Noncommunicable diseases (NCDs) are defined as diseases of long duration, and are generally slow in progression. NCDs are the leading cause of adult mortality and morbidity worldwide. Four main diseases are generally considered to dominate NCD mortality and morbidity: cardiovascular diseases (including heart disease and stroke), diabetes, cancers and chronic respiratory diseases (including chronic obstructive pulmonary disease (COPD) and asthma). These four NCDs are caused, to a large extent, by four modifiable behavioural risk factors: tobacco use, unhealthy diet, physical inactivity and harmful use of alcohol. NCDs have now reached epidemic proportions in many countries. NCDs hit hardest at the worlds low- and middle-income groups and place a tremendous demand on health systems and social welfare, cause decreased productivity in the workplace, prolong disability and diminish resources within families. Globally, NCDs are estimated to cost more than US$ 30 trillion over the next 20 years, representing 48% of global gross domestic product (GDP) in 2010 (1). NCDs are expected to rise substantially in the coming decades, partly due to a growing ageing global population. Further, as urbanization and globalization increase in the developing world, there is likely to be an increase in the prevalence NCDs. Therefore, unless the NCD epidemic is aggressively confronted, the mounting impact of NCDs will continue unabated.

In 2008, 63% (36 of 57 million) deaths worldwide occurred due to NCDs (2). These deaths are distributed widely among people from high-income to low-income countries. About one-quarter of all NCD deaths were below the age of 60, amounting to approximately 9 million deaths per year. Ninety percent of premature deaths from NCDs occur in developing countries. Nearly 80% of NCD deaths (29 million) occur in low- and middleincome countries. The leading causes of NCD deaths in 2008 were cardiovascular diseases (17 million deaths, or 48% of NCD deaths); cancers (7.6 million, or 21% of NCD deaths); and respiratory diseases, including asthma and COPD (4.2 million). Diabetes caused an additional 1.3 million deaths. Over 80% of cardiovascular and diabetes deaths, and almost 90% of deaths from COPD, occurred in low- and middle-income countries. NCD deaths are projected to increase by 15% globally between 2010 and 2020 (to 44 million deaths) and annual NCD deaths are projected to rise substantially, to 52 million by 2030. The greatest increases will be in the WHO regions of Africa, South-East Asia and the Eastern Mediterranean, where they will increase by over 20%. NCD mortality already exceeds that of communicable diseases, maternal and perinatal conditions, and nutritional deficiencies combined in all Regions with the exception of the African Region. It is projected that over the next 20 years, annual infectious disease deaths will decline by around 7 million, but annual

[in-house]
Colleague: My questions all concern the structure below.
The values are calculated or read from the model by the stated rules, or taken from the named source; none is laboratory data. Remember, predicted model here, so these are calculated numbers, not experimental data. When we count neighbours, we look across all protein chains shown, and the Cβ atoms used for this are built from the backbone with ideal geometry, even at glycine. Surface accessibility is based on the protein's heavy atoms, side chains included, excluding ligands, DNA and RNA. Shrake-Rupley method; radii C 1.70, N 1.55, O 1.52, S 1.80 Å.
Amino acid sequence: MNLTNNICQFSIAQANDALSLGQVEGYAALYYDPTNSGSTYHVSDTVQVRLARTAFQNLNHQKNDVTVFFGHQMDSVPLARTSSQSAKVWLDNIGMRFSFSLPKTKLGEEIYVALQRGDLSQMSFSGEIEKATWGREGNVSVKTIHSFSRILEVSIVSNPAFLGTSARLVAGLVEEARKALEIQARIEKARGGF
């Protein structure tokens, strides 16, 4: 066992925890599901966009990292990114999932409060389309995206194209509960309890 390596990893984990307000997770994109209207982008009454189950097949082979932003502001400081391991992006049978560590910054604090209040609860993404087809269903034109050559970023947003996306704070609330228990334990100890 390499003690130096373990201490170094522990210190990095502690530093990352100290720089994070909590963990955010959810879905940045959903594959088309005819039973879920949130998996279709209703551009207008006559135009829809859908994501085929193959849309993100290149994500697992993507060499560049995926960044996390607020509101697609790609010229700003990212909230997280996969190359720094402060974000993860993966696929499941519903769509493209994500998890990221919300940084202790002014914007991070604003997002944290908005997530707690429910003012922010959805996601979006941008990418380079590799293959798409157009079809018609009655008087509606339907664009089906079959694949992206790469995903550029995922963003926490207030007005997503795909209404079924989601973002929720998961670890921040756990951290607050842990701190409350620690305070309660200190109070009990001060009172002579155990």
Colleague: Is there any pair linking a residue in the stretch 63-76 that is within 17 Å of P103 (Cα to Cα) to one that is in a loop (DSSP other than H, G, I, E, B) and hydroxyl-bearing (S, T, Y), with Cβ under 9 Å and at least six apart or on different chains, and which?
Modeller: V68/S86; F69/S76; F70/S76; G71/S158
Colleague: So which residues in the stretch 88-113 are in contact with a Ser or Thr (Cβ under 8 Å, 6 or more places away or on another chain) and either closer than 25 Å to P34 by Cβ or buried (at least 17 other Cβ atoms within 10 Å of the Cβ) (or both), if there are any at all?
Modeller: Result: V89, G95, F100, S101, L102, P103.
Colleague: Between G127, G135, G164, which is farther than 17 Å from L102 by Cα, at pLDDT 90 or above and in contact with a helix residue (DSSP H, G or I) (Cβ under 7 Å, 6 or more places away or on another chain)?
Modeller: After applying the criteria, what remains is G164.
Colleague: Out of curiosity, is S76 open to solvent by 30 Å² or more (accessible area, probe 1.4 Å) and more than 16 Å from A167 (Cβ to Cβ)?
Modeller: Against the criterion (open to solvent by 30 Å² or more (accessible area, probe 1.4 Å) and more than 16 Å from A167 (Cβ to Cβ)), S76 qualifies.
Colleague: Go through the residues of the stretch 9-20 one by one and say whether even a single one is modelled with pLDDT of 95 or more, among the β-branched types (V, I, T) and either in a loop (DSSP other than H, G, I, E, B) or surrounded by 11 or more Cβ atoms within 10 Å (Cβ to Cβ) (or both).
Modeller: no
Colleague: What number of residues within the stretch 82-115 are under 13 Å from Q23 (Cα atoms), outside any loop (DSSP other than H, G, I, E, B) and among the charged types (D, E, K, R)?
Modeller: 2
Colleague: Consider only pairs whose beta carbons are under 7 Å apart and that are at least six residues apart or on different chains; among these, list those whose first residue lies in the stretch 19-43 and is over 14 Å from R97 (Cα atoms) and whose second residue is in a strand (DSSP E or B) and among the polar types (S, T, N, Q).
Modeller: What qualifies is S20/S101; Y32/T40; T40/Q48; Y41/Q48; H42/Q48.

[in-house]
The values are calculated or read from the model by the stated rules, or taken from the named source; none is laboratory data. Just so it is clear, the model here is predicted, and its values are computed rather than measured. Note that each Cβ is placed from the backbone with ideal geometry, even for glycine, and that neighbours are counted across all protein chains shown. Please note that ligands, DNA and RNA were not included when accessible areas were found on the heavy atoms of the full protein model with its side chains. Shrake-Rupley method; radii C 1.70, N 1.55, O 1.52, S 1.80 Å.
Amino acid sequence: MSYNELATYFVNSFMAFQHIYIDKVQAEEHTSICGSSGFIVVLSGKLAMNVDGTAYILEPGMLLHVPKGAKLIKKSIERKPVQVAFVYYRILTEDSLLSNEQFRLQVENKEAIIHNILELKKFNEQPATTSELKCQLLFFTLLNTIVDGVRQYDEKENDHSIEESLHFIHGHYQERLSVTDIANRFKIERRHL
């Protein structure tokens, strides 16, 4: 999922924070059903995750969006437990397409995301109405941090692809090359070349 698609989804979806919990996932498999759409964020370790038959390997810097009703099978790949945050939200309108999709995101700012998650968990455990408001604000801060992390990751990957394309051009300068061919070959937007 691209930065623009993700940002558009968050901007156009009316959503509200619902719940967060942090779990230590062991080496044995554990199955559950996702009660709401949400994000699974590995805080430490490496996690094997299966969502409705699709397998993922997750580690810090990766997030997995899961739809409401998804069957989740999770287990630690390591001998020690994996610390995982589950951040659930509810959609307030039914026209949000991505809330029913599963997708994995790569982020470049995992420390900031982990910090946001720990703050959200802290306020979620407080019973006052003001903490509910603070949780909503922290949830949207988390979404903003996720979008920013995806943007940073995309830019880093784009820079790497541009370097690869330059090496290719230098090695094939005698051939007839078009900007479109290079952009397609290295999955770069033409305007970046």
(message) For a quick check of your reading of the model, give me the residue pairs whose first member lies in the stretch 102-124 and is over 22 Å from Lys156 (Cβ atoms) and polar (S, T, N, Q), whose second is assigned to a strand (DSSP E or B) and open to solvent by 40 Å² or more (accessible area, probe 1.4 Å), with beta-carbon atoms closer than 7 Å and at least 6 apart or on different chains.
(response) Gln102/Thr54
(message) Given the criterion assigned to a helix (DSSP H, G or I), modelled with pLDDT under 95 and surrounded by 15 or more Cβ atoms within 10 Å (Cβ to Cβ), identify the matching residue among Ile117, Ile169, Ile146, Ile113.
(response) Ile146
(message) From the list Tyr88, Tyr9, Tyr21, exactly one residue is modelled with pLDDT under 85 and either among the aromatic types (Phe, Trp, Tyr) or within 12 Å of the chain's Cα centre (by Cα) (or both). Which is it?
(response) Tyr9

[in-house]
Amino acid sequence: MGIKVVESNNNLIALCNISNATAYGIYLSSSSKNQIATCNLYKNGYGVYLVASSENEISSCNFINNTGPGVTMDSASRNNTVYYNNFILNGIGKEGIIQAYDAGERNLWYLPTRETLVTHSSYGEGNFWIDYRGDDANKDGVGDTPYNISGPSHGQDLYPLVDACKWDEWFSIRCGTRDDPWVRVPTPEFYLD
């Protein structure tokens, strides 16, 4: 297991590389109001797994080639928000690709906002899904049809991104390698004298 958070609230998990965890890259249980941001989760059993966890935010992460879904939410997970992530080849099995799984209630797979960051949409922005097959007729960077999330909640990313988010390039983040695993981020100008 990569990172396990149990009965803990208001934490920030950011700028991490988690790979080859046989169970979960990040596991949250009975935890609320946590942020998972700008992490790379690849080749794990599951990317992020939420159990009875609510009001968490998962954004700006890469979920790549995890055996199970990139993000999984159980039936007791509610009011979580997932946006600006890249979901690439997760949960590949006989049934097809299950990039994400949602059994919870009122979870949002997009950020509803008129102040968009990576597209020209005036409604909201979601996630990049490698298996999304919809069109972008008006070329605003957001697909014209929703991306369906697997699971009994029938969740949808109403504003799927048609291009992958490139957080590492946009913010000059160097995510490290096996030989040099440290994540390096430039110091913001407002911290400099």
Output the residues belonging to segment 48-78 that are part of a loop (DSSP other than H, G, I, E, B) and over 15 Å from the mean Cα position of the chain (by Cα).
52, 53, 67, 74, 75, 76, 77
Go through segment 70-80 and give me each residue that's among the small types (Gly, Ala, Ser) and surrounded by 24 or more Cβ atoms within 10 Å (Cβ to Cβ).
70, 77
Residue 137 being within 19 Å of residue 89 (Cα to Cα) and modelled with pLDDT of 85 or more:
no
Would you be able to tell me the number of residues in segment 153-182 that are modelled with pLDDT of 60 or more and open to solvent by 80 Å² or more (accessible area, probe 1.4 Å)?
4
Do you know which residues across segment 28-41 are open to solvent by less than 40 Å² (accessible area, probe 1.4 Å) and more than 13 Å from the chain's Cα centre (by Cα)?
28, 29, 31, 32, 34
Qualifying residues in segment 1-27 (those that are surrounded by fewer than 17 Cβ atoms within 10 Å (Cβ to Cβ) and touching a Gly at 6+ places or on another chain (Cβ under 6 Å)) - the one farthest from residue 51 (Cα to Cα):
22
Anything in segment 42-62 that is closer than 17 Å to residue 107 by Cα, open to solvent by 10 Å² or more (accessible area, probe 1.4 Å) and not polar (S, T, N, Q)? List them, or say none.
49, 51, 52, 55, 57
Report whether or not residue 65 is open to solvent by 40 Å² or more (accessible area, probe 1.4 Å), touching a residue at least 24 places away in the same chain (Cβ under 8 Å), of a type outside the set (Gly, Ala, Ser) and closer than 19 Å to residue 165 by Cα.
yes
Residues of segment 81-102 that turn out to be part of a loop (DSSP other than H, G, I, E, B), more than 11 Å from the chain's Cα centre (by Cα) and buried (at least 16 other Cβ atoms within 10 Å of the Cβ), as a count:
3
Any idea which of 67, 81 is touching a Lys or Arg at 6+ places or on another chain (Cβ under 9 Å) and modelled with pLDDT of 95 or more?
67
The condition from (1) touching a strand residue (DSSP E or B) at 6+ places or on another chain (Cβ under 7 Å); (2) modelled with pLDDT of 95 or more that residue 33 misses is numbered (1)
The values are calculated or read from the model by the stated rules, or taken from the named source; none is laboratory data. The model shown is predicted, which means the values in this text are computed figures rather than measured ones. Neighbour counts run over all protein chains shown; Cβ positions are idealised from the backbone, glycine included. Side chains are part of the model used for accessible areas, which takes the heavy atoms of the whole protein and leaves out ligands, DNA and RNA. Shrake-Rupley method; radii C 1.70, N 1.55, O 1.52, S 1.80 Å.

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cardiovascular disease mortality will increase by 6 million, and annual cancer deaths by 4 million. By 2030, in low- and middle-income countries, NCDs will be responsible for three times as many disability adjusted life years (DALYs) and nearly five times the mortality from communicable diseases, as well as from maternal and perinatal conditions, and nutritional deficiencies combined. The good news is that NCDs are largely preventable through interventions and policies that reduce the major risk factors. Many preventive measures are cost-effective, including that for low-income countries. NCD prevention can avert millions of deaths and reduce billions of dollars in economic losses. A recent WHO report underlines that populationbased measures for reducing tobacco and harmful use of alcohol, as well as unhealthy diet and physical inactivity, are estimated to cost US$ 2 billion per year for all low- and middleincome countries, which translates to less than US$ 0.40 per person (3). Numerous options are available to prevent and control NCDs, such asthe WHO identified set of interventions called Best Buys. NCD prevention can be further strengthened by implementing programmes aimed at behaviour change among youth and adolescents, and more cost-effective models of care. Cost-effective nutritional policies, such as salt reduction initiatives in the United Kingdom, Finland, France, Ireland and Japan, have demonstrated positive and measurable results. Declines in tobacco use prevalence are apparent in several high-income countries (e.g. Australia, Canada, Finland, the Netherlands and the United Kingdom). Some low- and middleincome countries have also documented decline in tobacco use prevalence (Mexico, Uruguay and